On the field, Roberts has arguably been the best lead-off hitter in the majors. He has a .284 life-time average, and has hit at least 40 doubles in four of the past five seasons. He’s also been a base-stealing machine, collecting 40 steals last year and swiping 50 bags in 2007.

The Orioles had to extend Roberts’ contract, because despite all of the promising pitching they have down in the farm, they have exactly ZERO second baseman prospects who will be ready to play major league ball in four or five years.

And with Matt Weiters coming up at some point this season, the Orioles are just one solid short stop away from being completely solid up the middle. I’m not sold on Cesar Izturis, but Roberts, Weiters, and Adam Jones will make the Orioles defensively sound in the middle of the diamond.

Off the field, Roberts has been the Orioles most prominent figure in the community through his work with the University of Maryland Children’s Hospital.

Quick, name another Oriole who has done something like that for the Baltimore community.

I’d bet a dollar that you can’t.

Considering the atrocious way the Orioles as an organization have reached out to their fans and the city, or lack thereof, Brian Roberts has been their saving grace in the community.

He deserves the pay-raise because of that alone, not to mention dealing with the clowns in the dugout and in the Warehouse who have left their stink on the Orioles franchise over the past decade.

And B-Rob is probably the Orioles’ most popular player locally and their most recognizable name nationally. This signing makes Roberts the face of the Baltimore baseball in 2009, and who better to be the face of an organization?

So I take my hat off to Brian Roberts, and the Baltimore Orioles, for doing the right thing.

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Meanwhile, Down In D.C. …..

Posted on 29 January 2009 by Rex Snider

For the past 6 months, Baltimore sports fans have been fixated on any and every tidbit of rumor regarding the Ravens.  It doesn’t matter the season officially ended nearly two weeks ago, on a cold night, in Pittsburgh.


With each passing day, the topic is “who are the new coaches” ….. “will Ray stay” ….. “will Sizzle stay” ….. “who’s gonna go deep” ….. “will Kyle stay” – okay, just seeing if you’re reading this.  But, seriously, everything revolves around the Ravens.


How about the Orioles?  Spring training begins in less than three weeks, aren’t you excited about this new roster?  Cesar Izturis is anchoring shortstop, Mark Hendrickson is slotted in the rotation and if you’re hungering for something new, we’ve got PIE ….. in the outfield.


Look outside ….. do you like the view?  It looks like a scene from Mystery, Alaska, huh?  To compliment that girlie-ass snowstorm, that served as a major inconvenience, a couple days ago ….. we’re now saddled with a coating of lethal ice – capable of rendering 695 into a soupy version of the 3rd turn at Daytona.


You know what we could really use?  That’s right …… what could break us outta this winter-doldrum?  Aside from an “all expenses paid vacation” to the Caribbean, I was thinking the Orioles could do something nice, like host an event spirited for FANS, on a cold, blustery weekend.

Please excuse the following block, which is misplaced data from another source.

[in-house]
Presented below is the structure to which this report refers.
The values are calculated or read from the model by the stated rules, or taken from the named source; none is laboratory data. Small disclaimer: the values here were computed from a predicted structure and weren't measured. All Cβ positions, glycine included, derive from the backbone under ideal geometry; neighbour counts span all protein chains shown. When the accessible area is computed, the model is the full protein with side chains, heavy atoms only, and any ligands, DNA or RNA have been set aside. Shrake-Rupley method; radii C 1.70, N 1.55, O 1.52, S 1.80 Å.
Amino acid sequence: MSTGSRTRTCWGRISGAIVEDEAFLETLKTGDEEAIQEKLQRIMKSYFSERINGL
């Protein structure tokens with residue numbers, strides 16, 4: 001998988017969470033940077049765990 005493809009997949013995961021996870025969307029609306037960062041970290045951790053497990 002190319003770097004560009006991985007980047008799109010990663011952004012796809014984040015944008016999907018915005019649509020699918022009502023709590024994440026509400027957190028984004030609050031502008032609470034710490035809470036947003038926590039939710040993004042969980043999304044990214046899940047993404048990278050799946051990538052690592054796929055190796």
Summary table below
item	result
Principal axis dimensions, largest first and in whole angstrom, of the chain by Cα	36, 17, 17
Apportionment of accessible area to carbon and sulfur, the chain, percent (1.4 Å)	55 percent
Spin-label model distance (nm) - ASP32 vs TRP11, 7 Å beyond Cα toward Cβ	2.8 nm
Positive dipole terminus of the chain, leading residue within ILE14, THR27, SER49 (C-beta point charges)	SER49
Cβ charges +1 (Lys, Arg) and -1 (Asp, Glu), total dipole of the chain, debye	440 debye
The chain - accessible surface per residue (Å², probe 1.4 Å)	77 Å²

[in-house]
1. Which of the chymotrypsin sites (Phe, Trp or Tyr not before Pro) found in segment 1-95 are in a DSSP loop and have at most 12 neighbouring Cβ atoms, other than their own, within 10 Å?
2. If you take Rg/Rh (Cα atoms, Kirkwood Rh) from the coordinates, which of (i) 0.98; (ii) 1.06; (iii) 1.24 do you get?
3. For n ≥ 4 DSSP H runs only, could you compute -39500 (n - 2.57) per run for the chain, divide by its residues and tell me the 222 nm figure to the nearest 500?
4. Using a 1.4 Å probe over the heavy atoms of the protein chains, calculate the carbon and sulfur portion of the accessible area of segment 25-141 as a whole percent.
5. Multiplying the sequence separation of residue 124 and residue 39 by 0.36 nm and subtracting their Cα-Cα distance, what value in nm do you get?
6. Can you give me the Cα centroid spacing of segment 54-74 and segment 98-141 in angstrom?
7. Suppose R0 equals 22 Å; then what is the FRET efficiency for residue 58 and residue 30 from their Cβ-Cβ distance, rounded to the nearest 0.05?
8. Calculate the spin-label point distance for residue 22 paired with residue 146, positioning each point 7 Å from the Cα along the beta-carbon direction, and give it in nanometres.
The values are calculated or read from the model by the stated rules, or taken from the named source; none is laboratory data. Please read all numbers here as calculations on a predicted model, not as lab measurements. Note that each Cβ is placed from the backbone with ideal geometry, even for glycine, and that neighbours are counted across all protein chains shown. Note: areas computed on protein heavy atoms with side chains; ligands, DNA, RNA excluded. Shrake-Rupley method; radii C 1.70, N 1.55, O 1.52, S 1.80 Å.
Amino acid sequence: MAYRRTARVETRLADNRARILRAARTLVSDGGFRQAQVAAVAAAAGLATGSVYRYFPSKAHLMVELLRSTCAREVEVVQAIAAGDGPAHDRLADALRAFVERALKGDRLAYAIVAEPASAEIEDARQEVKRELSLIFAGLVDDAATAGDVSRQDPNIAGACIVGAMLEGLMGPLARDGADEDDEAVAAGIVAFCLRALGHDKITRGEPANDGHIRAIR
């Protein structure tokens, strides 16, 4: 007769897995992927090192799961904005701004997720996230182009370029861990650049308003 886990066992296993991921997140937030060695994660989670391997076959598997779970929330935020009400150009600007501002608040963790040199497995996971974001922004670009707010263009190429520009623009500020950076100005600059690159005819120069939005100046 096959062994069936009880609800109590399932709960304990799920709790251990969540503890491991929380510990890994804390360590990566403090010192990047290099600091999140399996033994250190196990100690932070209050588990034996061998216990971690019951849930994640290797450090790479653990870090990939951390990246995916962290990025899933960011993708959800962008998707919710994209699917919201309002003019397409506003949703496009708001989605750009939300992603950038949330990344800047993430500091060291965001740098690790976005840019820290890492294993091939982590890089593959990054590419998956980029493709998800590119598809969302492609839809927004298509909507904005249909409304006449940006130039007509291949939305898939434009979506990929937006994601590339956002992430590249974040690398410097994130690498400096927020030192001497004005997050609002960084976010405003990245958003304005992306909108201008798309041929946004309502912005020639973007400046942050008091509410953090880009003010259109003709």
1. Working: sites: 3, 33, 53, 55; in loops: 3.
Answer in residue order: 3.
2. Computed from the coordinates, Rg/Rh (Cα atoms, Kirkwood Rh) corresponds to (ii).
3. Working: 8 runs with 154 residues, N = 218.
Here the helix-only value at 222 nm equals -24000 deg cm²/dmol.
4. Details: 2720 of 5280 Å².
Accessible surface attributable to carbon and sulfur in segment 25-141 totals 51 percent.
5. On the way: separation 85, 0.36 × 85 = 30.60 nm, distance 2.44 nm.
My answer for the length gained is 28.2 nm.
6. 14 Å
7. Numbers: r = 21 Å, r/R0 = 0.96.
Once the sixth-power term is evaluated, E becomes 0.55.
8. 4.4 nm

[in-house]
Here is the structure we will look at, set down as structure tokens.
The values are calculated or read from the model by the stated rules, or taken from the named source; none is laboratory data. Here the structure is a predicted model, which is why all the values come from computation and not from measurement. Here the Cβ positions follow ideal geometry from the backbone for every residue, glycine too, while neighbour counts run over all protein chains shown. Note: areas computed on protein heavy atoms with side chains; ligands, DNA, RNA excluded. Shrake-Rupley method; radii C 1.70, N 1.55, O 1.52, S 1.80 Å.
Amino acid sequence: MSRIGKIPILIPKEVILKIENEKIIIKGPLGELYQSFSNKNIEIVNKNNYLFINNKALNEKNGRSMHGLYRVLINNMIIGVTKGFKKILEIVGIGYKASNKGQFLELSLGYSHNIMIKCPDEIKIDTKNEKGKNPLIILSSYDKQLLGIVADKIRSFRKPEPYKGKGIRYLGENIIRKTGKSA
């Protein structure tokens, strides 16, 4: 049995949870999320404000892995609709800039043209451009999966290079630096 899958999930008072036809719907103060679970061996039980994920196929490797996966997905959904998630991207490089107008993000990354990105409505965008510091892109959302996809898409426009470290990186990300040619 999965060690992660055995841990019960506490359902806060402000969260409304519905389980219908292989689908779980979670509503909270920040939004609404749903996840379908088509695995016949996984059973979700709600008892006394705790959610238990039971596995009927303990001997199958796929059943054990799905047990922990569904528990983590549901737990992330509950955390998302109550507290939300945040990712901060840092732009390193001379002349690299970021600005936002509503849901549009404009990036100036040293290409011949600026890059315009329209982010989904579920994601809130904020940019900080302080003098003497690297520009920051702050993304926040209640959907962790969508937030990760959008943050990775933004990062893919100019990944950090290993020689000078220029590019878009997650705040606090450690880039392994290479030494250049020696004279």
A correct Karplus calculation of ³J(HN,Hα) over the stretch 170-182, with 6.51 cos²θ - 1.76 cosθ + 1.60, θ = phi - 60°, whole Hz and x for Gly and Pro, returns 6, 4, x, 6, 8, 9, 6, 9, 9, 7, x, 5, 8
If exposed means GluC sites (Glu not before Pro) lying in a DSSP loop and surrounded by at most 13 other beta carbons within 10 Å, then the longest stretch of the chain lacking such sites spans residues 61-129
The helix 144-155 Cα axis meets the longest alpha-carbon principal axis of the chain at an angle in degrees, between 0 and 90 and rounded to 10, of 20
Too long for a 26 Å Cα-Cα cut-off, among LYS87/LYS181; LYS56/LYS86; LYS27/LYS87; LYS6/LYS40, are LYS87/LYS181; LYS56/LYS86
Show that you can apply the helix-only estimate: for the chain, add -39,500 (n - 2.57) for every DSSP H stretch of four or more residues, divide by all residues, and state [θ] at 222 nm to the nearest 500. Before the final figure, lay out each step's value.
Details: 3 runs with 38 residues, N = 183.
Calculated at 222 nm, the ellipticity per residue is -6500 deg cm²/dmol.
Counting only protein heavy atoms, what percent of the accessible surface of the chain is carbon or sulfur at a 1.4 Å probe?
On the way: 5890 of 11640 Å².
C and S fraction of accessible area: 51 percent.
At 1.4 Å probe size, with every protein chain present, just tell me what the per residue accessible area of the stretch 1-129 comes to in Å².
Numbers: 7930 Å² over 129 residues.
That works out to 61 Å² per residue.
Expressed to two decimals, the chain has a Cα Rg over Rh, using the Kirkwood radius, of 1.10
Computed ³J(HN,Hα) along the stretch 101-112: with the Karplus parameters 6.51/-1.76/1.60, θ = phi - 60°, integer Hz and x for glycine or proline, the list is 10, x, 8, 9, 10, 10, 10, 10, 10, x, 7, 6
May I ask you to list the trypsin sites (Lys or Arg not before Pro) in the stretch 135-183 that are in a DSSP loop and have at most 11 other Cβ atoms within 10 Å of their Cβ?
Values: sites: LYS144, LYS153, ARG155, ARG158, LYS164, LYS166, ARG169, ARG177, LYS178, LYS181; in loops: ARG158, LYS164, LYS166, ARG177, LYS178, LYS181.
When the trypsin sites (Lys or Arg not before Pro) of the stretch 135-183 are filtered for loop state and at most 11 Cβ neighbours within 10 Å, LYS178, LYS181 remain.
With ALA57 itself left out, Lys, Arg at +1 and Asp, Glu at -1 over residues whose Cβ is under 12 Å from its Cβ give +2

In fact, couldn’t the Orioles host a giant carnival-like bonanza – with exhibits, attractions, player appearances and ticket promotions?  They could name the extravaganza “Bird Bash,” “O Whatta Party,” “Andy Land” or ….. how about FANFEST ???


This could be a major breakthrough in recapturing the attention of a fan base that has basically dwindled to a mere fraction of former numbers.  Look at it this way, the Orioles roughly have the same amount of fans paying attention right now, as in July or August.  However, there aren’t any present distractions.


Do the Orioles realize fans are DYING for something to do this coming weekend?  For God’s sake, they’ll be spending Saturday at movie theatres, browsing Ravens message boards and watching the Terps getting “blown out” by the Hurricanes.


Of course, I’m being a little sarcastic.  All of us remember the FanFest celebrations of past years, right?  It seemed like a huge success, until the scheduling blunder (conflicting with a Ravens playoff game) a couple years ago.  But, that killed it – so it seems.


Now, FanFest has been transformed into a watered-down version of its former self.  For the past couple years, the event has been held just a couple days before the start of the regular season – and with little or no inconvenience for players.


Lets forget that former FanFest events aided FANS in coping with a long, raw winter.  Why hold this event when the season is essentially already here?  It’s a stupid idea – with primary consideration of the guys who are supposed to be giving back to the community.  Anyone can see this …..


Do the Orioles really have such little control over players?  Do they really think hosting a FANS EVENT is best served on the Saturday prior to the season’s start?  The answer is obviously YES ….. for Orioles players, staff and management.  It’s just easier – for THEM.


But, how about the family from Dundalk, who spends the entire winter here?  Or, do they consider the couple in Glen Burnie, who devote a half-dozen Sundays, each summer, in devotion to a team that’s on a decade-long skid?  Should these folks and everyone in their shoes be the primary consideration, when planning an event for them?


Let’s do this ….. listen up Andy – listen up Mr. Angelos …..


This coming season, instead of running that ridiculous jumbotron escapade, featuring a few hot dogs chasing each other around the basepaths, how about running a survey of when FanFest should be held?  Applause could dictate. 


Uh-huh ….. can’t do that.  After all, who’s gonna walk into that clubhouse on the final day of the season and say “see ya on the final weekend of January boys ….. and bring your happy face.”  That’s not gonna happen, is it?


For those readers who noticed the blog headline and are wondering “where’s the part about DC” ….. here ya go …..


Last weekend, the Nationals held FanFest, down in the nation’s capital.  That’s right, fresh off the heels of the BIGGEST event in the town’s history, and in the DEAD OF WINTER, Jim Bowden and his group put together a big party for the fans.


And, guess what?  The players showed up and things went nicely.  Novel idea, huh?  So, I’m left with just one question ….. what have the Orioles done for their fans, this winter?


The answer is obvious ….. they’ve done the same thing for the past decade – NOTHING.